February 2009 Issue
In the summer of 1880, an Ohio heiress’ fancy led to the creation of the American art pottery movement.
That year, Marie Longworth Nichols, granddaughter of Cincinnati real estate millionaire Nicholas Longworth, founded the Rookwood Pottery. Named for her family’s estate, Rookwood became the queen of art pottery and elaborate architectural tile installations in the early 20th century.
Today, the pottery is entering a renaissance, with one of its early pieces selling for a record-shattering price while new owners stoke the kilns to put Rookwood back into American homes and hearts.
The resurgence began in 2004, when a Black Iris vase sold for an astonishing $375,000. Yet Riley Humler, who auctioned off the piece at the Cincinnati Art Galleries, isn’t totally surprised. “There’s a very consistent market for Rookwood all over the U.S.,” he says. “Rookwood’s quality sells it. Of all the Ohio potteries, Rookwood had the better pieces. The company made a constant effort to hire the best artists and sculptors.”
Unfortunately, your grandmother’s vase might not sell for quite as much. Rookwood has produced scores of different wares over the years, ranging from modest earthenware for middle-class homes to the U.S. Treasury’s fireplace mantel. The Black Iris, decorated by Japanese artist Kataro Shirayamadani, is historic as well as beautiful: It helped win Rookwood the Grand Prix at the Paris Exposition Universelle in 1900. Shirayamadani’s work provided the subtle Eastern influence that inspired Nichols to start the pottery.
Most people know Rookwood for its vases. Exquisite flowers and foliage, quirky dragons and fish, and other natural motifs reflect Nichols’ fascination with Japanese ceramics that she saw at the Centennial Exhibition in Philadelphia in 1876. Vases also first brought Rookwood national acclaim at the 1888 Philadelphia Pottery and Porcelain Exhibition. International honors followed at an Australian exhibition in 1889 and the 1893 World’s Columbian Exposition. After Rookwood’s triumph at the 1900 Paris exposition, connoisseurs began to covet Rookwood and artists began to emulate it.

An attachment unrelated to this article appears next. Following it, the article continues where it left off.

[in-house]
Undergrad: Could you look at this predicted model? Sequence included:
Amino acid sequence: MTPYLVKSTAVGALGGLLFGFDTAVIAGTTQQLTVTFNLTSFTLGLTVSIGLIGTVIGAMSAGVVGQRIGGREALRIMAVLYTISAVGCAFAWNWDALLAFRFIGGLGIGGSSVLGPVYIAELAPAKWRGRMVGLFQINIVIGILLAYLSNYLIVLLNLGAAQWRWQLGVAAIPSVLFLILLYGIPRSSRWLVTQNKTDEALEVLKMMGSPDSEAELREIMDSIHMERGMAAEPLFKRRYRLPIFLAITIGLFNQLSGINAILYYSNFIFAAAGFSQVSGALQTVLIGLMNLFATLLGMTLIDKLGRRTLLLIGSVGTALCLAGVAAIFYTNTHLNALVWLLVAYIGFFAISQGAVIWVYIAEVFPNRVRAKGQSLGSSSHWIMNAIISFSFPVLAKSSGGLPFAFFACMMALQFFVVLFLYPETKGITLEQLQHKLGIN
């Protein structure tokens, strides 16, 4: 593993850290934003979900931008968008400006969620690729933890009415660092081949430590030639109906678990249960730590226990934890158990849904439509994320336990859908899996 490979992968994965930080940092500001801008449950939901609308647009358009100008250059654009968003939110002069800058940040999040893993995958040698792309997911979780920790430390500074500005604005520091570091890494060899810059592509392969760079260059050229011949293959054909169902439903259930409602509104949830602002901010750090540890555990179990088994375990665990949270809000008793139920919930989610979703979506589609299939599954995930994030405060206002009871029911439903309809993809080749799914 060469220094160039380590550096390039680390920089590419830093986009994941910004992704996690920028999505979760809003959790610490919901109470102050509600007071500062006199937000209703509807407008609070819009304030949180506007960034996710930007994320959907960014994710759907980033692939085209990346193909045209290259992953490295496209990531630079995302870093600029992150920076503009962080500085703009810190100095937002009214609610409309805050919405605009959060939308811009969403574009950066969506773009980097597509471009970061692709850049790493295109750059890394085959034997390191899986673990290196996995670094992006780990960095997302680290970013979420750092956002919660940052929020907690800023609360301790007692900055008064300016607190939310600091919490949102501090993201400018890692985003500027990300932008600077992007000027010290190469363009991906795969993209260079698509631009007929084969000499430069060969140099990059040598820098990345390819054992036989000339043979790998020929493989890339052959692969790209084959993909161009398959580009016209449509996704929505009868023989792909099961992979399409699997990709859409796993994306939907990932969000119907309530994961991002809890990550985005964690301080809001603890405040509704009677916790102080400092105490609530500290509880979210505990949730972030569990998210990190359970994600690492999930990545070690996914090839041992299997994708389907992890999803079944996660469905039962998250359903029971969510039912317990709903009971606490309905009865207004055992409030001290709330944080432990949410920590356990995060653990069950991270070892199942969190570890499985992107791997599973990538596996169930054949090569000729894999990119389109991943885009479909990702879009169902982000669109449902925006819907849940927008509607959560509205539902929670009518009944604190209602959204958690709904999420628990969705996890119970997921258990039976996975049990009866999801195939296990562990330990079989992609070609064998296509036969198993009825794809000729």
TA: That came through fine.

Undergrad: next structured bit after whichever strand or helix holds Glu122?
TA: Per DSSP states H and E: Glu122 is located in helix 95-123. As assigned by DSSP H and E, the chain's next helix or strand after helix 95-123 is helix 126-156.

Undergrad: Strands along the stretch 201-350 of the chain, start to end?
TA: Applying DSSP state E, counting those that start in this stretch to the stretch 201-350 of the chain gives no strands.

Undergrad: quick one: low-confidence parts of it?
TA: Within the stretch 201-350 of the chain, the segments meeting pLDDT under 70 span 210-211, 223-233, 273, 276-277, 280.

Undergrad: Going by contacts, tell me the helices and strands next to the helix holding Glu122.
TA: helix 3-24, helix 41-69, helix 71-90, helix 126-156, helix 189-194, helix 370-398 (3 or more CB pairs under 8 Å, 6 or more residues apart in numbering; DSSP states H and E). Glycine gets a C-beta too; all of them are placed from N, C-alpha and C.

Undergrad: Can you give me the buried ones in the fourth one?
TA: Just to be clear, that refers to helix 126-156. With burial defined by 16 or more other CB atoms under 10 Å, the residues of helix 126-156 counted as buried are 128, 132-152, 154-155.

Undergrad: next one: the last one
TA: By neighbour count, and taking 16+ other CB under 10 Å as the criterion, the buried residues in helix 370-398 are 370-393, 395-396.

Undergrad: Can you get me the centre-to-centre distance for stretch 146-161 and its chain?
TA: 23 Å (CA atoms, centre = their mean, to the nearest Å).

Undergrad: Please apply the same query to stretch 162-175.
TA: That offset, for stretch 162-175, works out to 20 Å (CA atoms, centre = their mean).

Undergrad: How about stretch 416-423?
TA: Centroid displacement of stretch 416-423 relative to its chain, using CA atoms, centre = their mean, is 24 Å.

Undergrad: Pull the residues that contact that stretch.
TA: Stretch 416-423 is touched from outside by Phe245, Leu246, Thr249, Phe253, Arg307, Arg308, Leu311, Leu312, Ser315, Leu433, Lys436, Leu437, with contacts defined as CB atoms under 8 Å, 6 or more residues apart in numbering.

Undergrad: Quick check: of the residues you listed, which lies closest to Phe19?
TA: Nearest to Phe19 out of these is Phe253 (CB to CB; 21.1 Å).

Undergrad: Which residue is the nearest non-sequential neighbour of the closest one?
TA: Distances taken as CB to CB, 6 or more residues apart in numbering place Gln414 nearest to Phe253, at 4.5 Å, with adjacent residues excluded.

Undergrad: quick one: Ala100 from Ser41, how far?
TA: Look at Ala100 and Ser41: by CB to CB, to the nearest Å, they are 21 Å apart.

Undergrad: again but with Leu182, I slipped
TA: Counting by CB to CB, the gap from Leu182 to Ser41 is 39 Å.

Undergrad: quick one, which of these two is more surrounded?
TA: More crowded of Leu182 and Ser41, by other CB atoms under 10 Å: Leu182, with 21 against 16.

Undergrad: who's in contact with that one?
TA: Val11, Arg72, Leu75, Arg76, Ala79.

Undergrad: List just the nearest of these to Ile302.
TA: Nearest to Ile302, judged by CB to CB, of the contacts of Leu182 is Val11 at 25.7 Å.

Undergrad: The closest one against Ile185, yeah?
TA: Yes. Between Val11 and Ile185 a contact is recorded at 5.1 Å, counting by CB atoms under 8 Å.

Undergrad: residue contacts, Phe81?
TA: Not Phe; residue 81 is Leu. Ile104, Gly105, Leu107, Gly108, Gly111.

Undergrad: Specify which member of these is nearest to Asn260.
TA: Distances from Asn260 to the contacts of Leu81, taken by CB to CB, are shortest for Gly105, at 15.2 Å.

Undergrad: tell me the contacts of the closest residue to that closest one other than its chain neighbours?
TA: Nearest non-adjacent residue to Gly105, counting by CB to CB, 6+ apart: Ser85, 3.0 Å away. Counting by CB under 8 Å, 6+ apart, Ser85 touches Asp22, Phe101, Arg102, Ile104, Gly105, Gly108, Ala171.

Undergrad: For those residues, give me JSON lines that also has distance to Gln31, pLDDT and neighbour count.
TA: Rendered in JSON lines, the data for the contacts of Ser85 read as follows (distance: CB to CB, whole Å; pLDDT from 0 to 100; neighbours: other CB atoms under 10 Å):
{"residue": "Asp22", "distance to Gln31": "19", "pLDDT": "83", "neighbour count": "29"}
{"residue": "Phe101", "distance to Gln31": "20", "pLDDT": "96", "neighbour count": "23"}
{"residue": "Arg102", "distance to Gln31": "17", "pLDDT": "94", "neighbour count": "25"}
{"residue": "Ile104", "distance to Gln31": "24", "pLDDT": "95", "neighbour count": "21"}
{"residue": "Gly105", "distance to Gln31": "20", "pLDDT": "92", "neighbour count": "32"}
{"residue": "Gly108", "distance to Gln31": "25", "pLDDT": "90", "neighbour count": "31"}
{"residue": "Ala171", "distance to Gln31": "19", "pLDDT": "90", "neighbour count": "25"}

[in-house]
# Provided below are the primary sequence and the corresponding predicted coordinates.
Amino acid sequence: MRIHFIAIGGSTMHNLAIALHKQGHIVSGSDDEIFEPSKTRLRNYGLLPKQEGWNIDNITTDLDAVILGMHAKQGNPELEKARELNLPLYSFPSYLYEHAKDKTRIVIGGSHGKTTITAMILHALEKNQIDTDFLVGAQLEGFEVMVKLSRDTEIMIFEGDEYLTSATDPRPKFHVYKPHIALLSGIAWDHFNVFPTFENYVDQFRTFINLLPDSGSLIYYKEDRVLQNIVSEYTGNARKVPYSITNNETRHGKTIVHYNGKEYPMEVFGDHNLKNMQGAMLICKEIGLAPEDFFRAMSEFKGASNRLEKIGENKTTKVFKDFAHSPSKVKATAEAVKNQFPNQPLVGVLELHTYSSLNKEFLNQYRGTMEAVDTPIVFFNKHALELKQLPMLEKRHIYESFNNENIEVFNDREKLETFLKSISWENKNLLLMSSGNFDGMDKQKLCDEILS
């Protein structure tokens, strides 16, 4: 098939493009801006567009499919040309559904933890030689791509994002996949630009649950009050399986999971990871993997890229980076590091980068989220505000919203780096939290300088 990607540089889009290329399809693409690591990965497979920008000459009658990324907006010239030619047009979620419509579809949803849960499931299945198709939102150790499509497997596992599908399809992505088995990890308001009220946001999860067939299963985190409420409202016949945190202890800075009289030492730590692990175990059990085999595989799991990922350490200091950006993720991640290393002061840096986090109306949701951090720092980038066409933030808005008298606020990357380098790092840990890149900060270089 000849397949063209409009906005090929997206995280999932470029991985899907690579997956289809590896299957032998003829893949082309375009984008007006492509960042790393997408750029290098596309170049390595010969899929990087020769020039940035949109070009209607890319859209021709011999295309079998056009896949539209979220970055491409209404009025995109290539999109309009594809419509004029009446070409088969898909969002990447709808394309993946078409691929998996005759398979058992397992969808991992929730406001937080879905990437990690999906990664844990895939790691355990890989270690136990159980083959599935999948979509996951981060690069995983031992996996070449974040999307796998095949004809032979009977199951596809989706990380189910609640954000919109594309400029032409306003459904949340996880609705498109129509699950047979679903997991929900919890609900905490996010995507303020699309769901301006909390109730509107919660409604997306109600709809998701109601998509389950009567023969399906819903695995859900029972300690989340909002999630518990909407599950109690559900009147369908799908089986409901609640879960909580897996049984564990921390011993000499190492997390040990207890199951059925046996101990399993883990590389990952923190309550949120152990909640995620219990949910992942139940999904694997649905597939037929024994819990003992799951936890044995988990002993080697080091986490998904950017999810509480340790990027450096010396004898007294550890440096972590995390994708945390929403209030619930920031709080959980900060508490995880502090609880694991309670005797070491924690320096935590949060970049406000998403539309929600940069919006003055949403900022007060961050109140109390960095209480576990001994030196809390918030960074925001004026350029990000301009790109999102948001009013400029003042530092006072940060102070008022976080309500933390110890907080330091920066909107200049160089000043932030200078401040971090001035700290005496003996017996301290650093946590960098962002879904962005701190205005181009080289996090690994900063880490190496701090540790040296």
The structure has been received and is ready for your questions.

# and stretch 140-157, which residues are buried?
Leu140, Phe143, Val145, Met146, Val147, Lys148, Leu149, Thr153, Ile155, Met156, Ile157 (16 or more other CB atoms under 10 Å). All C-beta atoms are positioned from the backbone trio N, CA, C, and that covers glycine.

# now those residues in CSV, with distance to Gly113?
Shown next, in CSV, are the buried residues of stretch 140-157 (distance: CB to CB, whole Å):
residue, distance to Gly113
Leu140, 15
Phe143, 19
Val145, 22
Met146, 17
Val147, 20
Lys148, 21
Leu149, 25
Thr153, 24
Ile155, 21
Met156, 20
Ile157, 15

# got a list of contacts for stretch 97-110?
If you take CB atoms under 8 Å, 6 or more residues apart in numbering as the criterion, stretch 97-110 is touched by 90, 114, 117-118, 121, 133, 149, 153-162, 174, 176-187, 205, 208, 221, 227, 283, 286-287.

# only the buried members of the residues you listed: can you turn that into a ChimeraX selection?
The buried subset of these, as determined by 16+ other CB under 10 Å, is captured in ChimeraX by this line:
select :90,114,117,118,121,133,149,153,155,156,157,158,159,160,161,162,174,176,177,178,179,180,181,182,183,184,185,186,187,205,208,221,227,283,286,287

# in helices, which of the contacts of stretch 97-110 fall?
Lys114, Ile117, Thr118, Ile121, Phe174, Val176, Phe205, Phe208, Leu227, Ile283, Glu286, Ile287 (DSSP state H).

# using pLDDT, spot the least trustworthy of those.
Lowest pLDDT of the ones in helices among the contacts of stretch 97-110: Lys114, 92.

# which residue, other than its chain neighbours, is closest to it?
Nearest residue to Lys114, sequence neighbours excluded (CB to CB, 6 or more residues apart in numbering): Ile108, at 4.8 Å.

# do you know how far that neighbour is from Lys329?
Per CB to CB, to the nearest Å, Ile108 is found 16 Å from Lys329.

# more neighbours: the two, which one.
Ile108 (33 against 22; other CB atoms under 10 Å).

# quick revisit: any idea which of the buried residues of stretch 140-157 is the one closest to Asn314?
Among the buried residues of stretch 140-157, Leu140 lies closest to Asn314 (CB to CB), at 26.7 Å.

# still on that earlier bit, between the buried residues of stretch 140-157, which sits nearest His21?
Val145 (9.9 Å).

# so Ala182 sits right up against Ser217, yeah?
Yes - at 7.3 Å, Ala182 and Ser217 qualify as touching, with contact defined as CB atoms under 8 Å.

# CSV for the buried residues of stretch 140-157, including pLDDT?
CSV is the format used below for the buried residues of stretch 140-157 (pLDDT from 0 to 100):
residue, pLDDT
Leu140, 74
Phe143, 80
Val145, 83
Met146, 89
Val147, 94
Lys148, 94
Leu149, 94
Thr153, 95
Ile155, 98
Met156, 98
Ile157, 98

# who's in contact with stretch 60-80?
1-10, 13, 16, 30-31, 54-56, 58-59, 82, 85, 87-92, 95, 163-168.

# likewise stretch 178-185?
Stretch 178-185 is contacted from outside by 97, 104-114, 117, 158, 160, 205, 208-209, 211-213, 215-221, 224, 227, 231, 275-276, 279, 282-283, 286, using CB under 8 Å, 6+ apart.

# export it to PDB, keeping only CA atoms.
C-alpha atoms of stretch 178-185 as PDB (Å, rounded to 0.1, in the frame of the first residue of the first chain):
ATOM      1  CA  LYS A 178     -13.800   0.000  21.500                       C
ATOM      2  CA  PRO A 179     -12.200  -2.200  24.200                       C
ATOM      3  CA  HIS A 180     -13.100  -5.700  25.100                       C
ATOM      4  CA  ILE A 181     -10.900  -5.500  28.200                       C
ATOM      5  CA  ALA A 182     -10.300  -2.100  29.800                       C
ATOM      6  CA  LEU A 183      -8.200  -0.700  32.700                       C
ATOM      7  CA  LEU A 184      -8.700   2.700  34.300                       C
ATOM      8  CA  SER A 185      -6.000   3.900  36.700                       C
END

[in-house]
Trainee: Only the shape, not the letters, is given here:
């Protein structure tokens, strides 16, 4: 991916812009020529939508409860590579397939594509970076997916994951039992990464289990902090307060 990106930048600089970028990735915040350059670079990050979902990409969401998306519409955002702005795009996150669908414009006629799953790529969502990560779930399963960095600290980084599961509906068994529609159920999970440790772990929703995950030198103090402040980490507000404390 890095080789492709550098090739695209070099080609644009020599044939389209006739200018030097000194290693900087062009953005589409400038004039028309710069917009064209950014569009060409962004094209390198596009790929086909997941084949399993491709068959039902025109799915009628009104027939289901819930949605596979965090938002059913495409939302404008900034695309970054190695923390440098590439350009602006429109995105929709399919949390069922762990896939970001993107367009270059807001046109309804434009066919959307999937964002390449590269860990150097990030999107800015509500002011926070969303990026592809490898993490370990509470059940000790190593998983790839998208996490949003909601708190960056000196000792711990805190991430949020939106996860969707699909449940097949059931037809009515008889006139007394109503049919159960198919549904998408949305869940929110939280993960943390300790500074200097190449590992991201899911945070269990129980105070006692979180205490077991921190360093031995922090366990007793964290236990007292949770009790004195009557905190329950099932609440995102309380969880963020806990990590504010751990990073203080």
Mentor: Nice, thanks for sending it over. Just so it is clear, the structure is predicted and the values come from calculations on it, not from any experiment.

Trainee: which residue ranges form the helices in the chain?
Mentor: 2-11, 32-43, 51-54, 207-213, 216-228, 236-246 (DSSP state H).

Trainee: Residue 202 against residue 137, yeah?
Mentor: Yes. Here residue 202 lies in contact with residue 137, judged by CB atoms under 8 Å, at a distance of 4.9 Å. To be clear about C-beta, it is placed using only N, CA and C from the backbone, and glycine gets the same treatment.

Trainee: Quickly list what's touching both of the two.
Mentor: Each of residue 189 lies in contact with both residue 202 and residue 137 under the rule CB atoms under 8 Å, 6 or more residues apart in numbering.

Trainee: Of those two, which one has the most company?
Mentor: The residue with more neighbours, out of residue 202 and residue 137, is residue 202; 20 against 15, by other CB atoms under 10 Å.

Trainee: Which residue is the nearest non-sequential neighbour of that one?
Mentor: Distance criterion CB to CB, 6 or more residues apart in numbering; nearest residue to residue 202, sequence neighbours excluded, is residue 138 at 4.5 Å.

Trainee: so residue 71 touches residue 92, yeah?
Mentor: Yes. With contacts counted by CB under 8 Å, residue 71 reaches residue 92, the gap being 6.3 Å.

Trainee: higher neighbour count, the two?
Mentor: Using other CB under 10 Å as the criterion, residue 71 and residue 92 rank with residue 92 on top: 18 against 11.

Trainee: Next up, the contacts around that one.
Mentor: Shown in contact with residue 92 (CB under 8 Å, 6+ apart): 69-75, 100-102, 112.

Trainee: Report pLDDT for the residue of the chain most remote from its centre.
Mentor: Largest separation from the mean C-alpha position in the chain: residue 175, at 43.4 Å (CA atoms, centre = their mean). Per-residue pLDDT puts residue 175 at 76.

“There’s an eye candy quality to much of Rookwood,” notes Kenneth R. Trapp, a Rookwood authority and retired curator of the Renwick Gallery of the Smithsonian American Art Museum in Washington, D.C. “It’s really quite beautiful. There’s also a certain sentimentality to it. Rookwood vases and decorative items were prestigious household items.”
Now Christopher S. Rose, president of the new Rookwood Pottery Co., hopes to put the name back into many American homes in an even more permanent way. The company has just introduced a new decorative tile line aimed at people remodeling or building homes. Rookwood tile fireplaces that anchored many gracious homes by the early 1900s have now morphed into elaborate tile kitchen and bath installations. Fireplaces are still an option, as well as other custom applications that homeowners and architects might plan. Indeed, for the 39-year-old fine arts graduate, the limit is a Rookwood-tiled sky.
“We’re not resting on our laurels,” Rose says. “We’re pushing ahead with new plans and new designs, while honoring our past.” He points out that the new tile line mirrors that philosophy. The Heritage line features historic Rookwood tiles using original designs and glazing formulas. A second line offers new designs that are based on historic features, while another line uses more contemporary motifs.
The new Rookwood is also involved in the refurbishing of 26,000 square feet of tile in the Monroe Building, a 16-story Chicago landmark built in 1912. “We’re producing new tile to match the original in some areas, and refurbishing other tile work,” Rose explains.
The company has just moved into a new 100,000-square-foot facility in Cincinnati’s historic Over-the-Rhine district. Production is currently under way there and a showroom is open to the trade. A gift shop is scheduled to open later this year, and the company plans to create a gallery of rotating exhibits of antique Rookwood pieces and memorabilia. Rose has tentative plans to produce some art pottery next year. Although the company owns more than 3,000 of the original molds and shapes, he doesn’t want to simply duplicate old designs.